At a glance, design controls require:

  • Testing to a pre-approved protocol with acceptance criteria
  • Approval of protocol deviations and/or additions
  • Use of validated test methods and qualified test equipment
  • Test samples to be equivalent to final design
  • A statistically valid sample size
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Five Key Indicators of When to Start Design Controls

Research and development of a medical device often takes years of preliminary feasibility studies and false starts before an official project team is formed. It can be confusing to know when to start design controls.

The FDA did not intend design controls to apply to ideation or feasibility studies when the requirements were introduced into the Quality System Regulation (QSR) in 1996. Instead, design controls should begin once it is decided that a design will be developed. Below are five key indicators for when design controls should commence:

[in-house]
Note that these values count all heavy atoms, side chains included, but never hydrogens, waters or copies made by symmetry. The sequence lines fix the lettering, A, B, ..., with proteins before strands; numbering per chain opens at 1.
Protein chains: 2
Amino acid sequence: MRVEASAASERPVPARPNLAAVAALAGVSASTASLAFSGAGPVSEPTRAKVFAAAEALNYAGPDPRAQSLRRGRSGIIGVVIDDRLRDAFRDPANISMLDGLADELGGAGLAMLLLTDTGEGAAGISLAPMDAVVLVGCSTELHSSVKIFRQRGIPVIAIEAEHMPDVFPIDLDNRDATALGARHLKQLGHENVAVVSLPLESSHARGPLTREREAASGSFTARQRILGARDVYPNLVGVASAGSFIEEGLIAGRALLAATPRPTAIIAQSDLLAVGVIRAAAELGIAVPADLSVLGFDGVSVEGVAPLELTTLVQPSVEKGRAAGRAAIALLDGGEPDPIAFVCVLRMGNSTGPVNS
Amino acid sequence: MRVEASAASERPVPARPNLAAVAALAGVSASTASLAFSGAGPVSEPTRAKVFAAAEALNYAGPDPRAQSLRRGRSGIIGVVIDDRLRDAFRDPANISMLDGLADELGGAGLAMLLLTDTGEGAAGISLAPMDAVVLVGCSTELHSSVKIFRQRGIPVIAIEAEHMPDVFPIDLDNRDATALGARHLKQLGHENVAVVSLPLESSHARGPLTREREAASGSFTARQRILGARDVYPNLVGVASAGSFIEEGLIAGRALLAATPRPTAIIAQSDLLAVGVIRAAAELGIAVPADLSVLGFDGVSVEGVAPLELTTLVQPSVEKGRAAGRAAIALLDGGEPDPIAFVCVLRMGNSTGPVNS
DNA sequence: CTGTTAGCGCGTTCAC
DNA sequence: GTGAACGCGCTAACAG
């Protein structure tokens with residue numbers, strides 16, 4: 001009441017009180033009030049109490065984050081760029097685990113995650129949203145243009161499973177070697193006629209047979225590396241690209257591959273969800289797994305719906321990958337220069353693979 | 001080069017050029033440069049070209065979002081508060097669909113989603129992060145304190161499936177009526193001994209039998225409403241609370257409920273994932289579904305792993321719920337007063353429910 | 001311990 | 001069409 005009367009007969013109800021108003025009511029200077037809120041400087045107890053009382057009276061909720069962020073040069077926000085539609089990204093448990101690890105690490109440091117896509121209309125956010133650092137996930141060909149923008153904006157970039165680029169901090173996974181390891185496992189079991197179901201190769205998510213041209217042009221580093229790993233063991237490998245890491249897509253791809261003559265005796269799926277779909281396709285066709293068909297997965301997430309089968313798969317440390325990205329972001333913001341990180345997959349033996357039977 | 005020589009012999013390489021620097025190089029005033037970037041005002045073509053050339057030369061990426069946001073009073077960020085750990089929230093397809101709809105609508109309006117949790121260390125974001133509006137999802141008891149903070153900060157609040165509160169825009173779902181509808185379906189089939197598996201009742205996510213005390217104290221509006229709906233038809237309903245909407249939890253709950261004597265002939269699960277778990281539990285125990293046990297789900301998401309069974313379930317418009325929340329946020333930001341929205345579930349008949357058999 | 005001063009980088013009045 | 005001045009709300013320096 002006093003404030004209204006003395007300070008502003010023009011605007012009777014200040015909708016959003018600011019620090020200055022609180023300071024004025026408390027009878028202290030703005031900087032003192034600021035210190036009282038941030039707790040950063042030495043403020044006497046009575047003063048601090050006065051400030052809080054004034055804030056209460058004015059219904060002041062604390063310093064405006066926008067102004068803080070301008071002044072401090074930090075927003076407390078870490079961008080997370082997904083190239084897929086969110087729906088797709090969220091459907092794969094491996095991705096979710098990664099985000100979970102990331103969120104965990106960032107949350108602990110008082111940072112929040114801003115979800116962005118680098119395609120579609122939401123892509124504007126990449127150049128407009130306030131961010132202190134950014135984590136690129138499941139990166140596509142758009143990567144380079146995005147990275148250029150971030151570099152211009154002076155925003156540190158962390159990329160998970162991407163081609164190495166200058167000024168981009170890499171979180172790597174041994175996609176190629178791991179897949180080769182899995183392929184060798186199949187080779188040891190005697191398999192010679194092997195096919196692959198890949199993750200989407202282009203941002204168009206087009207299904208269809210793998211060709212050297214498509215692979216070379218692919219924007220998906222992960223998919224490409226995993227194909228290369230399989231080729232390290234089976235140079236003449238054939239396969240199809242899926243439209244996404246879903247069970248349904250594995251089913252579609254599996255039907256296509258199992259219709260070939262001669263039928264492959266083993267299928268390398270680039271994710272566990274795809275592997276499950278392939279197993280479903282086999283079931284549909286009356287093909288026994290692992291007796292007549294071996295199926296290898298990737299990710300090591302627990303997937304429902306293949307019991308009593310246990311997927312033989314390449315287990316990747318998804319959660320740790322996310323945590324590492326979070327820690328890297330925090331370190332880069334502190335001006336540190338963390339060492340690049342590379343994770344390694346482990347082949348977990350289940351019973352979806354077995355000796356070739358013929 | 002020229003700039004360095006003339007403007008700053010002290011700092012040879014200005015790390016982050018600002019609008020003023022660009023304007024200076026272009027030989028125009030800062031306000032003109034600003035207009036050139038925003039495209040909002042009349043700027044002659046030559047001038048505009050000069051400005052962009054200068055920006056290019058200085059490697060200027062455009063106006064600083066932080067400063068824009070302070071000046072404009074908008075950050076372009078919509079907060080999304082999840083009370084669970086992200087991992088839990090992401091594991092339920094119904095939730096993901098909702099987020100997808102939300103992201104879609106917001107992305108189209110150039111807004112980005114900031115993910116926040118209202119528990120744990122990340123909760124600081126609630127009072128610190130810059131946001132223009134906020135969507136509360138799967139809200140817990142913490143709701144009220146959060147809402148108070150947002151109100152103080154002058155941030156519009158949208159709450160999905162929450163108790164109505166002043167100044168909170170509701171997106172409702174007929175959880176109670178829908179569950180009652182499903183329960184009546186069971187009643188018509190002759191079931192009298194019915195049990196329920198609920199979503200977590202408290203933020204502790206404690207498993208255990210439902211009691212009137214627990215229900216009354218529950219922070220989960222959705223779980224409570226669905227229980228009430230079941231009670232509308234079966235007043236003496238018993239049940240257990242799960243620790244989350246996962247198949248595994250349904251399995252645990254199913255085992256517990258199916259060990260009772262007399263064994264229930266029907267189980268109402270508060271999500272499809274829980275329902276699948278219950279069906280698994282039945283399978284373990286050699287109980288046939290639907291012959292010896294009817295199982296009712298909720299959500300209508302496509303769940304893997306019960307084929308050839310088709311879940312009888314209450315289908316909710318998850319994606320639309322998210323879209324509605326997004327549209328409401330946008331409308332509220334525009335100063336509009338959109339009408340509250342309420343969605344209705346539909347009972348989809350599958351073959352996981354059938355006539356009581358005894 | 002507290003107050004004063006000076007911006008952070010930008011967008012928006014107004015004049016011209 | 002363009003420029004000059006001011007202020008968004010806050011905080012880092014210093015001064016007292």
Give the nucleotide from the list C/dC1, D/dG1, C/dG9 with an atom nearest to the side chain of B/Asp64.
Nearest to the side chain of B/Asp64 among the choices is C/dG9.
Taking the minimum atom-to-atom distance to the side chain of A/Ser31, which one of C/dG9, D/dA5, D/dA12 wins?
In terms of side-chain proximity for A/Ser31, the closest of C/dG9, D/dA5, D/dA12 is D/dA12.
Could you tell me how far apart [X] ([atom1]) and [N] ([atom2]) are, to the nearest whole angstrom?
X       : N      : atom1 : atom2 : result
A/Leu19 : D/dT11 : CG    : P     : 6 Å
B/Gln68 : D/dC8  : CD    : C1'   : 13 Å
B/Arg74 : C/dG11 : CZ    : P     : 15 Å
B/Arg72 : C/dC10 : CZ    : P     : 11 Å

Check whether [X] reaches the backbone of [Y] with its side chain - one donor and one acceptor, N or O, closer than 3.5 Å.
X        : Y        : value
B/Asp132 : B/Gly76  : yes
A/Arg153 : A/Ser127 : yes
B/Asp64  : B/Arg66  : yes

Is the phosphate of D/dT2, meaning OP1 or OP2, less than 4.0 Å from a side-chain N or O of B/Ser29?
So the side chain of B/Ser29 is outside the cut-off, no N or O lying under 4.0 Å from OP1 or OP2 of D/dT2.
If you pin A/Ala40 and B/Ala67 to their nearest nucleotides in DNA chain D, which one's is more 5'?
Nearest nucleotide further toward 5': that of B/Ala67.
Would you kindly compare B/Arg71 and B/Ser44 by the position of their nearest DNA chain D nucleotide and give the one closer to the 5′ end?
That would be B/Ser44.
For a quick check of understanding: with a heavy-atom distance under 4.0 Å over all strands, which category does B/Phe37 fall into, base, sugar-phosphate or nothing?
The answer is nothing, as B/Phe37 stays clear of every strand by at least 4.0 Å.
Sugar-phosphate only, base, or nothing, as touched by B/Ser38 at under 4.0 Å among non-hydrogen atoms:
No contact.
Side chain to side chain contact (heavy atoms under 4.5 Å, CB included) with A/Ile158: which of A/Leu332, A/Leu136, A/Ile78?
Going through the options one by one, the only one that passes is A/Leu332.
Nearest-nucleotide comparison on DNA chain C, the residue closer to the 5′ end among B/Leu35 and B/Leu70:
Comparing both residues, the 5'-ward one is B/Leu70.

• Project charter approval
  • Obtaining product development funding
  • Formation of a product development team
  • Completion of product feasibility studies
  • Initial generation of design inputs

Starting the Design Control Process

You’ve determined it is time to start the design control process based on the five indicators above. How can you implement procedures that conform to FDA design control standards? We’ve got you covered:

Start with a comprehensive risk and gap assessment: Develop strategies to mitigate the risks associated with the device’s intended use.

Document everything from start to “finish”: Record all tests, results, and design control actions. This ensures that the product was developed in a systematic and predictable way such that potential issues can be identified and addressed early in development.

Test early and often: Throughout the development process, conduct testing and validation and use the results to inform downstream design control decisions.